A few years ago, Bletchley Park became a minor academic obsession of mine. After discovering the code-breaking history of this British installation, I read everything about Bletchley that I could get my hands on, from books about the history of Bletchley and its hard-working inhabitants to Alan Turing’s biography and his paper on computable numbers. I even learned how to code and resolved to visit Bletchley Park when I next find myself in the U.K. So, unsurprisingly, Remembrance Day immediately piqued my interest when I scanned through the massive number of review requests in my inbox. A one-woman show, Remembrance Day is playwright June Ballinger’s ode to her mother, Nancy Ballinger, an intelligent and hard-working Wren (Women’s Royal Naval Service) at Bletchley who, after the war struggled to find purpose in the triviality of a housewife’s existence. Ballinger’s engrossing tale can feel piecemeal at times as the plot leaps through time, but, as a whole, Ballinger has crafted an intriguing and evocative narrative about her mother’s exceptional and ordinary life, constructing a vivid picture of a woman with many secrets yet to be discovered.
Through an examination of her mother’s personal affects, asking her mother questions about her youth and doing independent research about her mother’s time at Bletchley, June Ballinger has written a play that recounts her mother’s work on the Colossus decryption machine, her tragic war time romances, and her eventual move to American suburbia to live out the so-called American Dream by staying home and raising a family. In many ways, the play focuses on a life that is as unique as it is ordinary. Nancy’s top secret work at Bletchley Park carried an aura of purpose with it – it was engrained in the inhabitants of the park that they were saving lives and advancing the position of the entire British nation. Though work conditions were harsh and tedious, there was a fulfilling satisfaction, both on a patriotic and academic level, that came with decoding German communications. However, despite their dedication and the heartache that they endured as loved ones were killed during the war, many of the woman of Bletchley were thrust into domestic life following V-day. No longer praised for her intelligence or relied upon to carry out mission-essential functions for Queen and country, Nancy suffered quietly in the tedium of homemaking – a role that failed to develop her sense of self.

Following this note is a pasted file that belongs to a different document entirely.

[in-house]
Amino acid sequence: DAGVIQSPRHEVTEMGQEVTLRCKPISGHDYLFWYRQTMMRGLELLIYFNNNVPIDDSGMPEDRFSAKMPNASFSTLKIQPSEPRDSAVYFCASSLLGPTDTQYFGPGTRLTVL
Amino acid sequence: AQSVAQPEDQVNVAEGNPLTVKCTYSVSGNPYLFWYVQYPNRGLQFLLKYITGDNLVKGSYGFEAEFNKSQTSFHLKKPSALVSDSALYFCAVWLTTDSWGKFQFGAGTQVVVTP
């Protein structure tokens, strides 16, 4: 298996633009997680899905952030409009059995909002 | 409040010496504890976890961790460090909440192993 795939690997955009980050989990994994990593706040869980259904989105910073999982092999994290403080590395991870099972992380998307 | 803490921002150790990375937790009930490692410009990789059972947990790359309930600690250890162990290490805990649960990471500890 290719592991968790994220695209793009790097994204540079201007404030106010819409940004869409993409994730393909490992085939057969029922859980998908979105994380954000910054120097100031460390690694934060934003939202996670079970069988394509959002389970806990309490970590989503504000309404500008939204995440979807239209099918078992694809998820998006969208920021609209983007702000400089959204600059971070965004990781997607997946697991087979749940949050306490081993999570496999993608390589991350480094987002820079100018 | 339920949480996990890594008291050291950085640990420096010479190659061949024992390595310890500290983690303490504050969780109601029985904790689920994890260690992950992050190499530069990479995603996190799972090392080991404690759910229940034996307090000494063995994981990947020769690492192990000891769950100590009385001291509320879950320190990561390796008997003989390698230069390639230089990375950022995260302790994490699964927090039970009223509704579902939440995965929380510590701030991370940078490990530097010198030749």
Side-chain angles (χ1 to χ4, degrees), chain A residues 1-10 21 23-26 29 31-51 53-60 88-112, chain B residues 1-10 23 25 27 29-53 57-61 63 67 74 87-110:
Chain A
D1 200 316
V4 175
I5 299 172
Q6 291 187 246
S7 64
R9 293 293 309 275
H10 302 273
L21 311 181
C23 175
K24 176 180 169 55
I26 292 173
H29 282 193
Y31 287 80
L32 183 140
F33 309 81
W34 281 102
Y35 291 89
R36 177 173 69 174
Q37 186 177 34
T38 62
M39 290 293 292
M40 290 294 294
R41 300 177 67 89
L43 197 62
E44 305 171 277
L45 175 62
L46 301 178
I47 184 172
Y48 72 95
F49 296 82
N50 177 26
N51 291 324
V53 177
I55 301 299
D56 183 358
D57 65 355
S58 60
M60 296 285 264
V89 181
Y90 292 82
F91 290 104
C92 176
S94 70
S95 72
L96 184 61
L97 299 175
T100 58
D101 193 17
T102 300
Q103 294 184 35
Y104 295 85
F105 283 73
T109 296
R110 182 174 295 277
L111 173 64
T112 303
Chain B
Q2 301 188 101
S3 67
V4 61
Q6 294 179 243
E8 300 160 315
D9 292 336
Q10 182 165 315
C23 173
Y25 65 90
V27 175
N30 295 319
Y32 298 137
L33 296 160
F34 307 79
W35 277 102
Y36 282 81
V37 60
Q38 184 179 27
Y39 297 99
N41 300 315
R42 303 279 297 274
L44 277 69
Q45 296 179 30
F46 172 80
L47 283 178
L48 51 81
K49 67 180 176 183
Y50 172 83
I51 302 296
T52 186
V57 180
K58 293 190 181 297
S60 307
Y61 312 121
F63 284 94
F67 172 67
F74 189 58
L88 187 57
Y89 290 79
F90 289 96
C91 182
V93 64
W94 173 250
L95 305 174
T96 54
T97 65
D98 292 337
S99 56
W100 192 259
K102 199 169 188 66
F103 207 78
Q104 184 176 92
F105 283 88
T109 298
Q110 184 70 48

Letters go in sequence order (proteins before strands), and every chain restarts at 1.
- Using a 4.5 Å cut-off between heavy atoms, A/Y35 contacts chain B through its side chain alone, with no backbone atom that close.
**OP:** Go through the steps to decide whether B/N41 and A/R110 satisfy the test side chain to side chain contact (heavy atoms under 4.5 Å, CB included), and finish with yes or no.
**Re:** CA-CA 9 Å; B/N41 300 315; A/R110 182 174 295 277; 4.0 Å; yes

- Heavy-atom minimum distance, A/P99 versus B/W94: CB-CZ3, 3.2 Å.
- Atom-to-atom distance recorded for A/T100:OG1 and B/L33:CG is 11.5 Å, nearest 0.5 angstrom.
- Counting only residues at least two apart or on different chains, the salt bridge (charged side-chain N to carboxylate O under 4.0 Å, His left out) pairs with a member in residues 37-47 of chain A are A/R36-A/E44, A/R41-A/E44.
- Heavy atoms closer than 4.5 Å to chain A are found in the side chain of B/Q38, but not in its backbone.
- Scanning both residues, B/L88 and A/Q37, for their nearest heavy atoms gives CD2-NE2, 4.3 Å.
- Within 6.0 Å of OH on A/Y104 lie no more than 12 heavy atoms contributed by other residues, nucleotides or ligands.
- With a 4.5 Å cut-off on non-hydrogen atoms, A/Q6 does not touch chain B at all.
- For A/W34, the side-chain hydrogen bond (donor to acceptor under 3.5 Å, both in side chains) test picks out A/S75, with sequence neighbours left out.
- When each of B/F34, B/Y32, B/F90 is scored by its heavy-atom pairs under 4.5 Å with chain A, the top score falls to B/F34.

Ballinger’s walkabout on stage in her mother’s shoes is an emotional and touching one. At times, Remembrance Day suffers from the structure of the narrative as Ballinger leaps through time to highlight the differences between her mother’s life during and after the war. These lapses of time occasionally interrupt the flow of the show and muddle the emotional trajectory. For example, in a linear version, the audience would first be introduced to a wartime heroine working in a secretive government facility doing cutting edge cryptanalysis. After experiencing personal and professional successes, Nancy’s position at Bletchley would take a physical and emotional toll on her and society would then relegate her to domesticity, leaving her with very little sense of purpose and desperately clinging to the most important responsibility of her professional life – protecting the secrets of Bletchley (even after many of them had been revealed publicly). As currently written, however, the audience is introduced to Ballinger through a non-linear examination of both her wartime and post-wartime life, undermining the impact of her slide into an unfulfilling life.
As for June Ballinger’s performance, Remembrance Day is clearly a passion piece for her – a swan song for her mother and a vehicle for June to learn more about the aspects of her mother’s life that Nancy kept secreted away from her family for so many years. Under the creative eye of director Janice Goldberg, Ballinger shares her mother’s heart-wrenching losses with quiet resolve and palpable melancholy, and her tenacious approach to portraying her mother’s mind-numbing tasks both in the home and at Bletchley successfully conveys a sense of exhaustion to the audience. Ballinger also transitions effortlessly between the wizened version of her mother that she grew up knowing and the energetic youth that her mother once was at Bletchley.
Despite my keen interest in the subject matter, Remembrance Day has far more to offer than simply a historical recount of the exciting spy activities that took place at Bletchley. At its core, Remembrance Day explores the personal struggles that many women in post-WWII faced after social norms demanded their retreat back to the kitchen after years of contributing to the workforce. It is a play for anyone who has felt that their attempts to contribute to society have been stymied by the expectations or demands of others. In that respect, Remembrance Day is a play that many people can relate to.